On Dec 3, 2008, at 1:50 AM, Christian Theune wrote:

> Hi,
> On Tue, 2008-12-02 at 12:03 -0500, Jim Fulton wrote:
>> ZEO has two modes for dealing with client blob data, shared, and non-
>> shared.  In shared mode, a distributed file system is used to share a
>> blob directory with a ZEO server.  This requires management of a
>> distributed file system, in addition to the ZEO protocol.  Any  
>> caching
>> is provided by the distributed file system.
>> In non-shared mode, blob data are downloaded to the ZEO client using
>> the ZEO protocol.  No distributed file-system is needed and blob  
>> files
>> are cached locally. Unfortunately, the current implementation  
>> provides
>> no facilities for managing the client cache. There are no provisions
>> in the ZEO client software for removing unused blob files and the  
>> blob
>> implementation makes almost no provision for blob file removal.
>> I'm working on refactoring ClientStorage's handling of non-shared  
>> blob
>> data.  I'm implementing a mechanism for periodically cleaning out
>> files that haven't been accessed in a while. As part of this, I'm
>> going to radically change the layout of the ClientStorage's non- 
>> shared
>> blob directory.
>> Currently, the bushy layout, with deeply nested directories is used.
>> While I think this layout makes some sense on the server, I don't
>> think it makes much sense on the client.  Cleaning up unused blob
>> files is complicated by the need to clean up directories too.  I'm
>> going to go for a fairly flat layout.  There will be a small number
>> (997) of directories and blob files will reside directly in these
>> directories.  (The directory will be chosen by taking the remainder  
>> of
>> dividing an oid by 997.)
> Any specific reason for this specific number?

It is prime, and ~1000 directories seems pretty manageable.  More  
importantly, I'm using a file lock per directory and I only allow one  
process/thread at a time to operate on a file in the directory.  I  
want a somewhat large number to try to avoid contention.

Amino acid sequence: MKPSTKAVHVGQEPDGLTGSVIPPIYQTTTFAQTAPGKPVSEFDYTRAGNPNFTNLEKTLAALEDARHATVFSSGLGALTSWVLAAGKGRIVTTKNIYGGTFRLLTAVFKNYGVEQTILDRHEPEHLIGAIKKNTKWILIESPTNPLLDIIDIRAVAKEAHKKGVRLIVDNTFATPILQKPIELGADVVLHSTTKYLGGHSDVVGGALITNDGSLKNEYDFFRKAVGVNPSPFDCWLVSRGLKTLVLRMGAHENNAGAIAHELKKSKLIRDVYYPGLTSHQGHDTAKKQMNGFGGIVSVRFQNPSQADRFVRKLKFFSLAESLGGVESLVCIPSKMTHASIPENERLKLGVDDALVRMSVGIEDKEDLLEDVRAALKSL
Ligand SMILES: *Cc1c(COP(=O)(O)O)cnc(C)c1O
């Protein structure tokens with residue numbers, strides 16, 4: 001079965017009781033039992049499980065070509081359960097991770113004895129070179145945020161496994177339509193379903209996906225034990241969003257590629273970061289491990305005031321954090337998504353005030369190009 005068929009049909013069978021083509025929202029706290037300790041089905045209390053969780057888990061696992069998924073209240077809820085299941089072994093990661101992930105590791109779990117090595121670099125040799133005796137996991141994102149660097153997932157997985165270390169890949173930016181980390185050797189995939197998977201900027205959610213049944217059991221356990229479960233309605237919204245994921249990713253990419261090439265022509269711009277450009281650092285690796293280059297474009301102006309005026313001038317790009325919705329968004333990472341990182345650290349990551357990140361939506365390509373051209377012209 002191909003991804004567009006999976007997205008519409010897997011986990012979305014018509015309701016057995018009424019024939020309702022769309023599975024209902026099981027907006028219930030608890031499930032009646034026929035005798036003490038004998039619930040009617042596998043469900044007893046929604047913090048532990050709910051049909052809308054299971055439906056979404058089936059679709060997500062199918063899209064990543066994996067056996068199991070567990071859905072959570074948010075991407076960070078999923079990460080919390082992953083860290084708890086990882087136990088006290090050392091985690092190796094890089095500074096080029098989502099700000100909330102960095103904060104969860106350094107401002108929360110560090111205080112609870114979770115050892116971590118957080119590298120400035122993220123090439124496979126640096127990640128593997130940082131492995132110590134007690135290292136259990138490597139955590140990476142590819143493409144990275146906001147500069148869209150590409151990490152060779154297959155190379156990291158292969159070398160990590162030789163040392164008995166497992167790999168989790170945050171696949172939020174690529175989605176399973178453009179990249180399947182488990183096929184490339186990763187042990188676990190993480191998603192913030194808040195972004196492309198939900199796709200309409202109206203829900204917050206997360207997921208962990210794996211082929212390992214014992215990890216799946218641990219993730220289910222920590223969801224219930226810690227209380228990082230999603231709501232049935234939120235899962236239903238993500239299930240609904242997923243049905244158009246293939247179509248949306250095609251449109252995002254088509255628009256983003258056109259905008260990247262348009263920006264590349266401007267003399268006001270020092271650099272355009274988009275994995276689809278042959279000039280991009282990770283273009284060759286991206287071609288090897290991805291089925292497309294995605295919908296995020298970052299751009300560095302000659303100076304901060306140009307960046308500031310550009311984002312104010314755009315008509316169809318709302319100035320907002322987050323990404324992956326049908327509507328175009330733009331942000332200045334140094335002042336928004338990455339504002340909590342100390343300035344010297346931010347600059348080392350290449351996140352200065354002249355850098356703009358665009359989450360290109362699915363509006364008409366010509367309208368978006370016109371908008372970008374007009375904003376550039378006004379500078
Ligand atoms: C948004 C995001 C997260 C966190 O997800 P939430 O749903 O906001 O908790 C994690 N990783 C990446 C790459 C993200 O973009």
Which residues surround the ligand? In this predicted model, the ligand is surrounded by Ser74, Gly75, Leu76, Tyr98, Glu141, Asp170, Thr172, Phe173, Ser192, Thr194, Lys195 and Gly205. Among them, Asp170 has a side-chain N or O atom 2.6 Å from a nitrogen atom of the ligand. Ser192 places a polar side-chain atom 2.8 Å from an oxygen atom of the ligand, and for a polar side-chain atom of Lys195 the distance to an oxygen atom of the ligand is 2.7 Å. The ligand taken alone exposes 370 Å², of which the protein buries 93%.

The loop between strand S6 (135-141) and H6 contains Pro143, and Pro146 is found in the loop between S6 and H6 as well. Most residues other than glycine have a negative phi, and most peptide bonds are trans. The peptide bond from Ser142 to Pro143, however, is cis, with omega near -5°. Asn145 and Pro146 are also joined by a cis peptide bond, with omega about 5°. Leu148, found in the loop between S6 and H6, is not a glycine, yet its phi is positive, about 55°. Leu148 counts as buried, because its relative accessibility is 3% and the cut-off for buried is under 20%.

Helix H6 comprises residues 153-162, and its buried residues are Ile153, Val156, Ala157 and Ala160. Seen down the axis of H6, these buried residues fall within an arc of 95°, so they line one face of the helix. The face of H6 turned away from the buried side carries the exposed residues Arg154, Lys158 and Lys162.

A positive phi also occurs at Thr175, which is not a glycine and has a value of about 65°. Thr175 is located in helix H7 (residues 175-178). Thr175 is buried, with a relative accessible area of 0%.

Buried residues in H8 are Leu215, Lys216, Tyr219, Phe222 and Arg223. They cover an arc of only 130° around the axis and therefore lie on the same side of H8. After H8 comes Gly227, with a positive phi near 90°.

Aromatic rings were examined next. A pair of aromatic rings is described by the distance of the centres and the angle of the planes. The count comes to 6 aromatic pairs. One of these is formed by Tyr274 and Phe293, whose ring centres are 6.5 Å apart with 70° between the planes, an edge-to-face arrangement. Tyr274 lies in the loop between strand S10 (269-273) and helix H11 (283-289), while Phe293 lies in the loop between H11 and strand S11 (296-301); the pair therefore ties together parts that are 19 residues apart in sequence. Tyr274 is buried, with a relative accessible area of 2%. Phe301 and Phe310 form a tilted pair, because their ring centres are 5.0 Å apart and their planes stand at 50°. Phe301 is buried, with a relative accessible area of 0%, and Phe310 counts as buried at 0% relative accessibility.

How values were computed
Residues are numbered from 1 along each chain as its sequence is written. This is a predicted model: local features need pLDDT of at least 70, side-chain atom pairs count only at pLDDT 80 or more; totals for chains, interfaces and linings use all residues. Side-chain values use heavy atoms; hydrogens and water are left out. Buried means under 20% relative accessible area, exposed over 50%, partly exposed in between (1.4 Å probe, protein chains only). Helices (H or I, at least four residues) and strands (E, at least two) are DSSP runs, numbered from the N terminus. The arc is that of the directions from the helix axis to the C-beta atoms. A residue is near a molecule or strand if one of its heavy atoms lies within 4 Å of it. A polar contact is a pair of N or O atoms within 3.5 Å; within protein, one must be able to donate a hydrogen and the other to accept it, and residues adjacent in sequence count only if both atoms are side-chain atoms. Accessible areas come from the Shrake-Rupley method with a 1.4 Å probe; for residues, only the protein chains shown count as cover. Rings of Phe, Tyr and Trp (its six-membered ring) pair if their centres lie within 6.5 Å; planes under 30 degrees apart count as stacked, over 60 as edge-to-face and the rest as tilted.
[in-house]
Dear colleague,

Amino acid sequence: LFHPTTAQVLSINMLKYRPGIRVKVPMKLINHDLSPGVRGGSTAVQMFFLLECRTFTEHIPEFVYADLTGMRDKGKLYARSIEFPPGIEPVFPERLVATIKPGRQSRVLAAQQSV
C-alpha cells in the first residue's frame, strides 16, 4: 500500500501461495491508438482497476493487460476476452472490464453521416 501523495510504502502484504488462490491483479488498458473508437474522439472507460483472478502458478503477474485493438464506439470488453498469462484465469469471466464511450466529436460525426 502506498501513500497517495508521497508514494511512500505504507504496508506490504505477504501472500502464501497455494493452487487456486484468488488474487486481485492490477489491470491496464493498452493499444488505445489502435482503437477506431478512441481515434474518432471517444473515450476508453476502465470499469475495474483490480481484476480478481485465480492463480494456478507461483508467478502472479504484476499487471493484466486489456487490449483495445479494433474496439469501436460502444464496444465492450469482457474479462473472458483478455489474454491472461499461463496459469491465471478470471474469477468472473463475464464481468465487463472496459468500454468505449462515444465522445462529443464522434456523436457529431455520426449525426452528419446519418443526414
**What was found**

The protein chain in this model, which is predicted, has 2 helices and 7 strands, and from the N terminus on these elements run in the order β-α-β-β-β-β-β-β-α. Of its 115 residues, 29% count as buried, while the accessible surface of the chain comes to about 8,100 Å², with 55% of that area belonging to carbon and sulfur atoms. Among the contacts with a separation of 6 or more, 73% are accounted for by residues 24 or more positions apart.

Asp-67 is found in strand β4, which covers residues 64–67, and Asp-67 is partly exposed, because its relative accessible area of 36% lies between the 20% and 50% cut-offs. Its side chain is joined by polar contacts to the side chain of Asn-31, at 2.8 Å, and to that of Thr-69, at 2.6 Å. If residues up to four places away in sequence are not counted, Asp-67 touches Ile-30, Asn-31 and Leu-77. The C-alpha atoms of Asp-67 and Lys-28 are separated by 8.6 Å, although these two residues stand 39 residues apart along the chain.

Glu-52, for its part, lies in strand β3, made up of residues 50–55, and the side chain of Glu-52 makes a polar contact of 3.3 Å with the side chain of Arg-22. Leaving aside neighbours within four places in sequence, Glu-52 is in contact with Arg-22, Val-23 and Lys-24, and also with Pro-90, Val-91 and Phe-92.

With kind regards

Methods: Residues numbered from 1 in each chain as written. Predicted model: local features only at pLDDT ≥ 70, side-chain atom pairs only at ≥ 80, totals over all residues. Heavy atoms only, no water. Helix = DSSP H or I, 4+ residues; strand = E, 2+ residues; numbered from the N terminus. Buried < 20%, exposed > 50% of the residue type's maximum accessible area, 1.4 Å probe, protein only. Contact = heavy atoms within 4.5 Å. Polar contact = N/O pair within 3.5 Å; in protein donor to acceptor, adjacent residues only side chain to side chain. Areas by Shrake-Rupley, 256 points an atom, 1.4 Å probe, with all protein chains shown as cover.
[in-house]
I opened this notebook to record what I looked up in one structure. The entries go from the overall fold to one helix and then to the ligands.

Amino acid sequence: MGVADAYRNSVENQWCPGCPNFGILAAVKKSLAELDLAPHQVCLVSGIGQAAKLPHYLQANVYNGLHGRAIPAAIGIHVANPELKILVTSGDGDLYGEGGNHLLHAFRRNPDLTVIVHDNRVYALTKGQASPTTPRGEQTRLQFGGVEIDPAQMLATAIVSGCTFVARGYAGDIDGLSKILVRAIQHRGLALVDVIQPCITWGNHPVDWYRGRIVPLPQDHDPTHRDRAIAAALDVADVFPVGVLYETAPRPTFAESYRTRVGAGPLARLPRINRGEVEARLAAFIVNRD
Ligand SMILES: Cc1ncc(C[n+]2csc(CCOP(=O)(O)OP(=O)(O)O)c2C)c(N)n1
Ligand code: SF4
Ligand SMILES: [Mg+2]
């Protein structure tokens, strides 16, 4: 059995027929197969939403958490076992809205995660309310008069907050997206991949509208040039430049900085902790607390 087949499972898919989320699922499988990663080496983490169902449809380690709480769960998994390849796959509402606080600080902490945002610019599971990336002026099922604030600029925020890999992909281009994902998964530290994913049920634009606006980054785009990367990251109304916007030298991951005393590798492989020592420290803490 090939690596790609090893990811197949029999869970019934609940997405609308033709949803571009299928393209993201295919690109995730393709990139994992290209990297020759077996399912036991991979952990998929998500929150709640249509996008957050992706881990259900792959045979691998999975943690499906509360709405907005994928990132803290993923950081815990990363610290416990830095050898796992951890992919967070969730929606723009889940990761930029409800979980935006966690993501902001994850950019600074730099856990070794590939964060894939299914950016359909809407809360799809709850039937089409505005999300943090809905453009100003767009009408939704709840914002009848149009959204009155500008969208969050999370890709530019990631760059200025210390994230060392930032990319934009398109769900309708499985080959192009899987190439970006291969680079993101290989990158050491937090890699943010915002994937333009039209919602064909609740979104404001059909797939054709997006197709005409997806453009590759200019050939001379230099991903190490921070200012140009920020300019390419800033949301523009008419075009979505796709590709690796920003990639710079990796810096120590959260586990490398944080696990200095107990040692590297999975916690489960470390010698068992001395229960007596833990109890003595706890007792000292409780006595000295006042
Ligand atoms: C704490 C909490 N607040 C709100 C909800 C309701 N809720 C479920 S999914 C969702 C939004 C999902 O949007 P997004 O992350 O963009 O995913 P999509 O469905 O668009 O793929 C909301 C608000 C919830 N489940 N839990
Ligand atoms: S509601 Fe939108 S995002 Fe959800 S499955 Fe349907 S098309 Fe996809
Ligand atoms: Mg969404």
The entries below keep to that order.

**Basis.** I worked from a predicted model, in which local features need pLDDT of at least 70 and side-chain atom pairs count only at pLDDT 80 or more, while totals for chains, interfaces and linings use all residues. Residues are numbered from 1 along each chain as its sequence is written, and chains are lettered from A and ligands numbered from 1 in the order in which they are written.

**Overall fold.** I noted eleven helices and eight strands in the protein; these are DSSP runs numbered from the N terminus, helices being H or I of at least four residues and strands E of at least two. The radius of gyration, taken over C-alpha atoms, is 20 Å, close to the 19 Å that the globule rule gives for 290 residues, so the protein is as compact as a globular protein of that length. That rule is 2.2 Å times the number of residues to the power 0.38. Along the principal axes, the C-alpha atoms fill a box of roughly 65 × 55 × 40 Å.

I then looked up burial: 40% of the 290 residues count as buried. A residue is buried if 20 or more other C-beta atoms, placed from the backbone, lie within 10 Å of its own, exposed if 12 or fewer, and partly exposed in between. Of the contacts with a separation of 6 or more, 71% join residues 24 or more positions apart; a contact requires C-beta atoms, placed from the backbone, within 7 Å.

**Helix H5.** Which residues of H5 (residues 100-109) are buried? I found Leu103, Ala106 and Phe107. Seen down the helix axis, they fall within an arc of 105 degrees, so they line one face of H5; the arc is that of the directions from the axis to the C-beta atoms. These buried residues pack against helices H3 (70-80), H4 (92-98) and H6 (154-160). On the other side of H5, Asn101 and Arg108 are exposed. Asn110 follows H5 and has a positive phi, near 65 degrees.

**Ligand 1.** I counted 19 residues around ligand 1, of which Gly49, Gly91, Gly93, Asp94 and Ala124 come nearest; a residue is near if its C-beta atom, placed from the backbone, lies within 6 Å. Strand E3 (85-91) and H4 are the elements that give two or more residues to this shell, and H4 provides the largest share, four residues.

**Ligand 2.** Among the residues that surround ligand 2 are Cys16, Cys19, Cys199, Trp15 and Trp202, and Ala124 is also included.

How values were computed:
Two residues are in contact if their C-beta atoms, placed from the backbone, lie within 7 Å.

>> It appears that modern operating systems can
>> handle large directories just fine.  I've created directories with 1
>> million files on Linux/Ext, Mac OS X/HFS+, and Windows XP/NTFS and  
>> saw
>> no degredation in performance as the number of files in a directory
>> increased.
> FTR: The reason for introducing the bushy layout is due to  
> restrictions
> on the number of directory entries a directory can contain which  
> seem to
> be a different restriction than the number of file entries a directory
> can contain. At least on ext3 I can't create more than 65k directories
> in a directory while I still can create a lot more files in the same
> directory. Wikipedia has a generally good overview and comparison
> between file systems but doesn't cover the maximum number of directory
> entries per directory.

The ext limitation on the number of subdirectories arises from a limit  
on the number of links to an inode.  Each subdirectory has a ".."  
entry which ads a link to the containing directory.   I don't know if  
there is a limit on the number of directory entries. If there is, it  
is quite large. (I did a test of adding 10 million files to a ext  
directory, although I got tired of waiting for it after it had gotten  
up to a bit over 6 million.)

>> I plan to have ClientStorage use the file layout mentioned above.   
>> The
>> ClientStorage constructor will fail if an older layout is found. An
>> alternative is to just log a warning and ignore the existing
>> directories, as the new directories will have non-overlapping names.
>> I mention this both as a heads up and to see if anyone can point  
>> out a
>> problem with my approach.  I have a feeling that no one is using non-
>> shared client blob directories for anything important yet, so I  
>> assume
>> the change won't have much effect.
> I am. I'd prefer if you'd fail on the directory structure instead of
> mixing it with the new approach.



Jim Fulton
Zope Corporation

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